Testing the Samsung Gear VR

Recently some of our team members had the pleasure to test the new Samsung Gear VR at Curtin University. Unfortunately no actual footage this time (there’s plenty around thought, for example at Gizmodo) as Samsung guys still want to play it down a bit – some social media creatures might ask why, as isn’t building hype still the best way to sell new tech?

Personally, I was a bit skeptical in the beginning (don’t positive accounts always start a bit like this?): How does this make anything different or what is its market segment going to be? After seeing one with my own eyes and using it, I can actually see some nice situations to use the Gear VR. So, some very quick first impressions below.

This was just a very quick try, and we were basically only seeing some VR movies. You know those, where for example an underwater scene continues around you as you turn your head around.

One feature that made the Gear VR pleasant to use, was that it was quite light. It could actually be easy to take with you, and it does not weight too much. Where it differs from the regular Oculus Rift headset, is that it does not have all those wires floating around. Also the touch pad and the back button on the right side was amazingly intuitive. You didn’t have to think about it all while using.

As a gamer myself, I started thinking how the device could immerse you in a game environment (or why not a virtual presentation of the environment where you are actually going to) when you are for example sitting on an airplane. This is something we’ve been thinking with our logistics environment. One might be going to an environment A to do X. He or she might first virtually get to know the space and its objects while en route to the actual location.

Apparently the device also has an affordance for augmented reality (AR), which means that you can see the real world through the device and place virtual objects on the scene. This could be for example a virtual prototype of a building, and you can check how it looks like in the real space. This is actually something we used to experiment with in Finland already like 6 years ago, and I still feel AR holds an untapped potential.

Another thing is of course that as you have the screen on your face, no one else on the airplane or other space sees what you are looking at. This adds security if that is needed. Someone once said that email and social media aren’t the weakest links of privacy, but instead CEOs and employees with their laptop screens wide open for the whole world.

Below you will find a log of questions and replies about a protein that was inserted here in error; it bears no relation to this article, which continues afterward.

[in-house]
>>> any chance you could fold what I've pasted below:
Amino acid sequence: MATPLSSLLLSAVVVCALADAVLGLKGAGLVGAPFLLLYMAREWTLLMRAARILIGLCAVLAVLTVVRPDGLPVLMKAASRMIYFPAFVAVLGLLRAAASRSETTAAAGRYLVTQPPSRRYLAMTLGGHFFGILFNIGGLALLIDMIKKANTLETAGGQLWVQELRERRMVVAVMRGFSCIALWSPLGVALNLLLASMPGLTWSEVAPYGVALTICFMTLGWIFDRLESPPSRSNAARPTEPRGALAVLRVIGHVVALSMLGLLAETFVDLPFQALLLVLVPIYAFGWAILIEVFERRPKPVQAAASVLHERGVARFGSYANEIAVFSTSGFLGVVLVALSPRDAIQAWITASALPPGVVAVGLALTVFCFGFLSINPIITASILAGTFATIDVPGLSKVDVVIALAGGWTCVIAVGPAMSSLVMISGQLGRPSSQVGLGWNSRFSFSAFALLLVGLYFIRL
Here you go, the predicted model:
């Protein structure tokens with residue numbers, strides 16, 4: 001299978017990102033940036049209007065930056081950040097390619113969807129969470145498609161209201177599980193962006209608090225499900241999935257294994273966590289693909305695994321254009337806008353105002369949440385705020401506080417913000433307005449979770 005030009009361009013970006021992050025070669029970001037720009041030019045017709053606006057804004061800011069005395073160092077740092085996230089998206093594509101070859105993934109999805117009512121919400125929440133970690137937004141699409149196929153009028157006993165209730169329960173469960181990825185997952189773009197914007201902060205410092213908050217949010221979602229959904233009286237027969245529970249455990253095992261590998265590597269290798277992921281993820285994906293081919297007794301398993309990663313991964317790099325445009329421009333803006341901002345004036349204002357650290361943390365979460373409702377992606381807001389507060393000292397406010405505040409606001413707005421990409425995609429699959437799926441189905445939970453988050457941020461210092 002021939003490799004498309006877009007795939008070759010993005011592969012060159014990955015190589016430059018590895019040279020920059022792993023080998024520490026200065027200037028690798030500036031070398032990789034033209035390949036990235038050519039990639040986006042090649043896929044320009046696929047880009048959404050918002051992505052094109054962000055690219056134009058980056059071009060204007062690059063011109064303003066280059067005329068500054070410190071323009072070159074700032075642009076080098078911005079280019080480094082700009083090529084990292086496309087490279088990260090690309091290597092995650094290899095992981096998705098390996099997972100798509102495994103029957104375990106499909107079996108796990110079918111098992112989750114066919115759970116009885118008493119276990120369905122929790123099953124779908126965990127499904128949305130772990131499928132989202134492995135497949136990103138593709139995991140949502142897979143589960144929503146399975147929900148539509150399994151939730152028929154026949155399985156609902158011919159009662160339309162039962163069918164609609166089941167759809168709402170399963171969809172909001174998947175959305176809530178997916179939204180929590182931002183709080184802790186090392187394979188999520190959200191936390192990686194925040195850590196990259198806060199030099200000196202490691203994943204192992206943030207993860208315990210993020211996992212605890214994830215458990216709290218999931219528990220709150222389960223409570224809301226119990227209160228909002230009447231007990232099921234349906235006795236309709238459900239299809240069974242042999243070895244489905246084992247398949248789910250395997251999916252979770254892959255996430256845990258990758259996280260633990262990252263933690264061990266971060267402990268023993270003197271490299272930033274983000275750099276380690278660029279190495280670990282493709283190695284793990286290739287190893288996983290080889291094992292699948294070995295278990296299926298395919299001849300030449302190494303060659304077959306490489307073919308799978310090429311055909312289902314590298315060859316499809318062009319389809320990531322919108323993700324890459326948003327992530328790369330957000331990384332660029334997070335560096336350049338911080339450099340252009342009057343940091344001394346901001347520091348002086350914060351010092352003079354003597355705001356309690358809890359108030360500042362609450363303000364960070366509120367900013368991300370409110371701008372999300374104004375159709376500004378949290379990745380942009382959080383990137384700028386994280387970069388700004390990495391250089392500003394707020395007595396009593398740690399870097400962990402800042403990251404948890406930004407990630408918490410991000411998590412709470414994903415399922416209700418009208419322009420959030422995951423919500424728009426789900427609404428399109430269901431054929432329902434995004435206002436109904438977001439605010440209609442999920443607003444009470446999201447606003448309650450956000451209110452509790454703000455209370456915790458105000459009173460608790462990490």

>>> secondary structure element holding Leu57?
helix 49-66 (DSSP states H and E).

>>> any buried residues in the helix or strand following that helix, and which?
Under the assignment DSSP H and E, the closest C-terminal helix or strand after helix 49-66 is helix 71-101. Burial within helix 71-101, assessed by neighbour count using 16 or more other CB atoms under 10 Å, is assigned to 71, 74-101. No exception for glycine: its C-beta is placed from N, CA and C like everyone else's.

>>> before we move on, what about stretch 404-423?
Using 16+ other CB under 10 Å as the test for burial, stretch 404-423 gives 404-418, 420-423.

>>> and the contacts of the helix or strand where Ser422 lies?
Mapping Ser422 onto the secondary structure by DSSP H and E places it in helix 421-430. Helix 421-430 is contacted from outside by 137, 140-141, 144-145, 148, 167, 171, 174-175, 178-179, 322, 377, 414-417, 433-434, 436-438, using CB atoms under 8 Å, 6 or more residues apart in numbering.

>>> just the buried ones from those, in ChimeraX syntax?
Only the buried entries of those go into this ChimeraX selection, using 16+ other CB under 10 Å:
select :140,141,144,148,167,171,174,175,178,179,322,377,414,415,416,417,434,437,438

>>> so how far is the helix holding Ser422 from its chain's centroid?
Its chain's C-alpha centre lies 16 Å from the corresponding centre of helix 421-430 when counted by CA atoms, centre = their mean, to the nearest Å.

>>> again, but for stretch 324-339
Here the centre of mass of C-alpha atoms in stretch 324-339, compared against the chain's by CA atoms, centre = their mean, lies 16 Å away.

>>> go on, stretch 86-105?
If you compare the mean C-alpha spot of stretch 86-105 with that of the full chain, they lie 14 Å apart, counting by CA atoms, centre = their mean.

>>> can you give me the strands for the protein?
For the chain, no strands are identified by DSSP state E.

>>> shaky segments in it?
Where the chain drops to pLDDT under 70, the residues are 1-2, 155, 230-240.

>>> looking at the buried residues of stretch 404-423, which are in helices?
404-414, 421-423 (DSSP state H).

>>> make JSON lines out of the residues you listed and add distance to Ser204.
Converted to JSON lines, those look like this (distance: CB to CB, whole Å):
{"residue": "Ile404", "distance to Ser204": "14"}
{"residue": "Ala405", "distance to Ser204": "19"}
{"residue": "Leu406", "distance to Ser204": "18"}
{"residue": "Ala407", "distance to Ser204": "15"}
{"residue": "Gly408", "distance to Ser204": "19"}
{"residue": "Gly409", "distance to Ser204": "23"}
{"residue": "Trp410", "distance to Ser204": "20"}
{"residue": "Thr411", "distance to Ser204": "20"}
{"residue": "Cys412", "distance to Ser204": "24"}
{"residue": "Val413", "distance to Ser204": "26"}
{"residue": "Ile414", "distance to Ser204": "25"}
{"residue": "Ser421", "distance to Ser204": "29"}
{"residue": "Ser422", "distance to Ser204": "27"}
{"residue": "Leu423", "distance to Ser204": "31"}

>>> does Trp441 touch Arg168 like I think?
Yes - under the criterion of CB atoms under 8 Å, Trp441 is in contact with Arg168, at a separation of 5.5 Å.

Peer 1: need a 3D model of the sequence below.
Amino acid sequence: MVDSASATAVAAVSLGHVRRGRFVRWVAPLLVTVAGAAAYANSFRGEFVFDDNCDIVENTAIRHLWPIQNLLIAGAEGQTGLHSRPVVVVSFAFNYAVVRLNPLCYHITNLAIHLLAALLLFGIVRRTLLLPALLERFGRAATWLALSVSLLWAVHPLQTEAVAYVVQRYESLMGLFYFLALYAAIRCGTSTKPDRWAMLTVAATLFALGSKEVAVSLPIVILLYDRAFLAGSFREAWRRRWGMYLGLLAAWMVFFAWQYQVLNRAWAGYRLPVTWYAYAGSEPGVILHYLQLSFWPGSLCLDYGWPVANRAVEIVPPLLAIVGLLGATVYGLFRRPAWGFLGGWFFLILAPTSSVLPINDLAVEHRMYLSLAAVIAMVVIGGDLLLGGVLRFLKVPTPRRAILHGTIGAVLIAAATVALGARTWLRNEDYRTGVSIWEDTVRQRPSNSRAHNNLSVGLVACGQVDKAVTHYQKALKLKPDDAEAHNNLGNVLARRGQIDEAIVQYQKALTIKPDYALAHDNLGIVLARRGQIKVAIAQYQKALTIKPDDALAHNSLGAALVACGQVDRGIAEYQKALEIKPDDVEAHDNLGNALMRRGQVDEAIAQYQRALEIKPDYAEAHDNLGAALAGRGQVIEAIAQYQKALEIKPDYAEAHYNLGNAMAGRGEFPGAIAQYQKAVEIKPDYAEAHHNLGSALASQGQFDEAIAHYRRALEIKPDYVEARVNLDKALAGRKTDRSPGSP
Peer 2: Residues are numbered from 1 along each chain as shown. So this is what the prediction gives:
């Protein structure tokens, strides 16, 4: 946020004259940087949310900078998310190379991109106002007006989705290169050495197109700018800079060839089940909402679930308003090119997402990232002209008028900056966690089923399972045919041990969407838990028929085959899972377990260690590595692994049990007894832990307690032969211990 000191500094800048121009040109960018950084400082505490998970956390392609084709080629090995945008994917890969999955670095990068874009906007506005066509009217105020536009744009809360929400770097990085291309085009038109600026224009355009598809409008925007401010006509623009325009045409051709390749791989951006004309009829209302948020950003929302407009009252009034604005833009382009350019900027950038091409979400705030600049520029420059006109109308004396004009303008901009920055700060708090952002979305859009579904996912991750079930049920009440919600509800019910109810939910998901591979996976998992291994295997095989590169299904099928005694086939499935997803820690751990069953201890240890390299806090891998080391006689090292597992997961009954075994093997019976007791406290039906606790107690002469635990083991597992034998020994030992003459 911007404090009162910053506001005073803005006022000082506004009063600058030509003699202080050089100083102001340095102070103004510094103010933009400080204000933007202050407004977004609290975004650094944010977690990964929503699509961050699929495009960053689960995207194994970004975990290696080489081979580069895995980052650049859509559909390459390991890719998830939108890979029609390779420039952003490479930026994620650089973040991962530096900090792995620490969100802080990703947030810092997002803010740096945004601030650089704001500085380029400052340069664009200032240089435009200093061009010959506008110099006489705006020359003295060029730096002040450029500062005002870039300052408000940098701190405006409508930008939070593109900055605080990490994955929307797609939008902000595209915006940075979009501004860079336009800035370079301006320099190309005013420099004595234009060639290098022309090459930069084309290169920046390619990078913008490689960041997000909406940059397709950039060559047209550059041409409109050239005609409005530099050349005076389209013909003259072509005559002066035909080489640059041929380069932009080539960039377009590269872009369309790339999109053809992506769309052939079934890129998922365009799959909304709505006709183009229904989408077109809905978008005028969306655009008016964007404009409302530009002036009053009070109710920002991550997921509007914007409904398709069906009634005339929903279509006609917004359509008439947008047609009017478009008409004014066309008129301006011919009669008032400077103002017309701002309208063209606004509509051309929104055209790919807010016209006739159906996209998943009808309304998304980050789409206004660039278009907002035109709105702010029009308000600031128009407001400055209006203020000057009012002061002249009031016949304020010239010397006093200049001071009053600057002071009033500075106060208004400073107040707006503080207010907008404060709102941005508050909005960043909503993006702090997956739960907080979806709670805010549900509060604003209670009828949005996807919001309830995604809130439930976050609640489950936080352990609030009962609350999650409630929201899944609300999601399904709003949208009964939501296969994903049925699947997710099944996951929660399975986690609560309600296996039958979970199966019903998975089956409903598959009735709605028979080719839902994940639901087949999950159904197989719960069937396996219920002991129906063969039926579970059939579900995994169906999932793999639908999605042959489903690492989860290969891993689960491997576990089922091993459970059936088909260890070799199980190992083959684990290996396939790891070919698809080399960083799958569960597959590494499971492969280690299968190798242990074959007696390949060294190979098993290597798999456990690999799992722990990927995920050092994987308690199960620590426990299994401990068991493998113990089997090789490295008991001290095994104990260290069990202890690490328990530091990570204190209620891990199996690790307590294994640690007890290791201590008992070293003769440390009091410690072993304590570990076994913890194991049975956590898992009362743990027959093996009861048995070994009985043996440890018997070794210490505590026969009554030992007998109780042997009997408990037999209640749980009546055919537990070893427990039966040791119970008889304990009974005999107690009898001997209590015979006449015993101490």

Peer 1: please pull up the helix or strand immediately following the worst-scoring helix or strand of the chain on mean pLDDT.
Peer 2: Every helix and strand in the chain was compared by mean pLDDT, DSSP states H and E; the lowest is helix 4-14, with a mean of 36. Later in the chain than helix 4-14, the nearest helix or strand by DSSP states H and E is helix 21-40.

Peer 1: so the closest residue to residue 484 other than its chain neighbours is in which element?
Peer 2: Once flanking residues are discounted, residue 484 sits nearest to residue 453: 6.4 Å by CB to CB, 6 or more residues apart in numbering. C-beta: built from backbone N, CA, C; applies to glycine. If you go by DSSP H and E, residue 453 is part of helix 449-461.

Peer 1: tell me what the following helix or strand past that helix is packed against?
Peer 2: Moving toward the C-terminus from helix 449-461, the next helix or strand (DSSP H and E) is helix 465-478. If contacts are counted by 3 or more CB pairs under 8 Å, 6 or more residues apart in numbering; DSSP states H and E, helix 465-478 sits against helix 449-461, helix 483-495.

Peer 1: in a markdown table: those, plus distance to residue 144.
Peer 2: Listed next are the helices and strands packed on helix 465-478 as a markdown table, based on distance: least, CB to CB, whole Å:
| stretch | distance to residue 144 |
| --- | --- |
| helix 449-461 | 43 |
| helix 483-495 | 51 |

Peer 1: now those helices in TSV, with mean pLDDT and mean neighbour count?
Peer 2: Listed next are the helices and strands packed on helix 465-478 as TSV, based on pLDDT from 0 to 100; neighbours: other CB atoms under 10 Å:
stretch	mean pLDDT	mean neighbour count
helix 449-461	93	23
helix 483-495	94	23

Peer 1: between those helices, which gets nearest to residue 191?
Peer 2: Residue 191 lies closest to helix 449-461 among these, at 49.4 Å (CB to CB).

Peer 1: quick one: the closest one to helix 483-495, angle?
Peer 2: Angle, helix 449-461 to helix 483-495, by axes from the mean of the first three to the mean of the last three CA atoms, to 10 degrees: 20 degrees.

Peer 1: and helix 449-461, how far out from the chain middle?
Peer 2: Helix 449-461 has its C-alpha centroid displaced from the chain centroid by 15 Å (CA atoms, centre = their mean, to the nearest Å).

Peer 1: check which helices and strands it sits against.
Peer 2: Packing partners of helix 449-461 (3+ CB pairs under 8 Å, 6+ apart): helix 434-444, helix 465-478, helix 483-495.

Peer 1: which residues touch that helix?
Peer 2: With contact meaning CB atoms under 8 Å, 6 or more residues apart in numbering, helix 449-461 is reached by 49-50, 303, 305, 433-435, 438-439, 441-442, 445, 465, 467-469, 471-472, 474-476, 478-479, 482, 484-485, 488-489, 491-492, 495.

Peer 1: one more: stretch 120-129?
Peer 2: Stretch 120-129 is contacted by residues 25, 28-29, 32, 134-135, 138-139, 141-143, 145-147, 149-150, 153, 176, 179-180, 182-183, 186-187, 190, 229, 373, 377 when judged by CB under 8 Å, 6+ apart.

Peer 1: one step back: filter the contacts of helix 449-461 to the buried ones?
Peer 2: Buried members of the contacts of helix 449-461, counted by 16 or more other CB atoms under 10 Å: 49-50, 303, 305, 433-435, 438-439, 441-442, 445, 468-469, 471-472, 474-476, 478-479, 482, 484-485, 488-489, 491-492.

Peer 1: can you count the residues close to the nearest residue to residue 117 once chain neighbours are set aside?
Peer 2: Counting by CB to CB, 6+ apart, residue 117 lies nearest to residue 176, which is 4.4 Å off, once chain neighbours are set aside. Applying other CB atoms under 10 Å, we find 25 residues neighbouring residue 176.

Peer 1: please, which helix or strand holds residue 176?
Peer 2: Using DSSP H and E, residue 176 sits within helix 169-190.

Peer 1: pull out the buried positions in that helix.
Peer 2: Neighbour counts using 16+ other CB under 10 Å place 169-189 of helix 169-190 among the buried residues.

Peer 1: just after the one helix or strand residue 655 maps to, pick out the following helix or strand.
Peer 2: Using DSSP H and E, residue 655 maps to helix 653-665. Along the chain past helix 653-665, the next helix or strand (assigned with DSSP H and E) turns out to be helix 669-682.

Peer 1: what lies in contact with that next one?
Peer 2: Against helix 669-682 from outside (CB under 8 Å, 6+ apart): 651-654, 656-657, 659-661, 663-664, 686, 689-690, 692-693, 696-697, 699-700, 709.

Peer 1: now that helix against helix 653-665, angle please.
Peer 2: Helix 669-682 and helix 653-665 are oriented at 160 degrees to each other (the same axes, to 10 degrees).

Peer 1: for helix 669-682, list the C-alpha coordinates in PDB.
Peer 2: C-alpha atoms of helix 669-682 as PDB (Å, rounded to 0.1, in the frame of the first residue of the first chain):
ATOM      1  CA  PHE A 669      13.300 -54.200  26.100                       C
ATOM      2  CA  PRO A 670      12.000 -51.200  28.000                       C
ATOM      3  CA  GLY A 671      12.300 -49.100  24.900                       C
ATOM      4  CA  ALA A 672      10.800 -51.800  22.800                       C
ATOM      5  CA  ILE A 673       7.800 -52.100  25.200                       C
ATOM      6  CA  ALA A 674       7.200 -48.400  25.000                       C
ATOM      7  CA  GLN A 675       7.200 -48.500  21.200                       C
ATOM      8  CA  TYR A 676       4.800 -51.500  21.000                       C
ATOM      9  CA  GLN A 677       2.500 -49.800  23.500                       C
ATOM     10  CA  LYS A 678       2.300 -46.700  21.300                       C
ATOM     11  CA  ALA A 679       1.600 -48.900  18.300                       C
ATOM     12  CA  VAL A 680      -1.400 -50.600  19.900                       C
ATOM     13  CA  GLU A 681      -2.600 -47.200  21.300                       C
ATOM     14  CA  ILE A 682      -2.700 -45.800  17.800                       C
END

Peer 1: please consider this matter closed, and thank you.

A thing I am a bit skeptical though, is the Galaxy Note 4. The resolution I saw looked amazing, but I just wonder how well the Note’s computing power performs and how long the battery lasts with more heavy-duty 3D environments? I know the Samsung guys would say that the device holds more computing power than many laptops a couple of years back. I guess we’ll just need to see when the actual device with some real content comes out.

Anyway, as a first very quick impression, the headset seemed quite nice. So I am interested in seeing its release and how it might stir up ecosystems around VR headsets.

Cultural heritage and new media seminar – HIVE, Curtin University 25.9.

Dr Torsten Reiners presenting the nDiVE
Dr Torsten Reiners presenting the nDiVE

Two of our nDiVE team members participated in an interesting seminar or get-together of like minded people at Curtin University HIVE (Hub for Immersive Visualisation and eResearch). Professor Erik Champion had organized an interesting event where presenters from various projects and instances in and outside Curtin (the farthest was all the way from Brazil) presented their projects and discussed possible collaborations in the area of digital humanities, cultural/virtual heritage and virtual worlds.

It seems people are doing interesting projects here, but the challenge is as always I guess: how to connect interested people to each other and keep up the great momentum. At least events such as this seems like a nice step towards that. Some pictures and short summaries of some of the presentations below!

Stuart Bender giving a short workshop in 3D filming
Stuart Bender giving a quick workshop in 3D filming

Stuart Bender was presenting his Maldives 3D filming project, in addition to giving a short but engaging 3D filming workshop where we were able to test 3D cameras by ourselves. The introduction gave cool new ideas for the nDiVE project, and the 3D stereoscopic ideas from filming could benefit our work with immersive virtual environments and using head-mounted displays such as the Oculus Rift.

It seems that 3D filming is getting easier and more consumer-friendly. With emerging inexpensive head-mounted displays like Google Cardboard or Duroviz, and the possibility to rig two GoPro cameras together, you could be presenting your own 3D shorts with your mobile phone to your friends in no-time. Still, as Stuart was emphasised, old rules from 2D rules do not always apply and there are things you need to consider.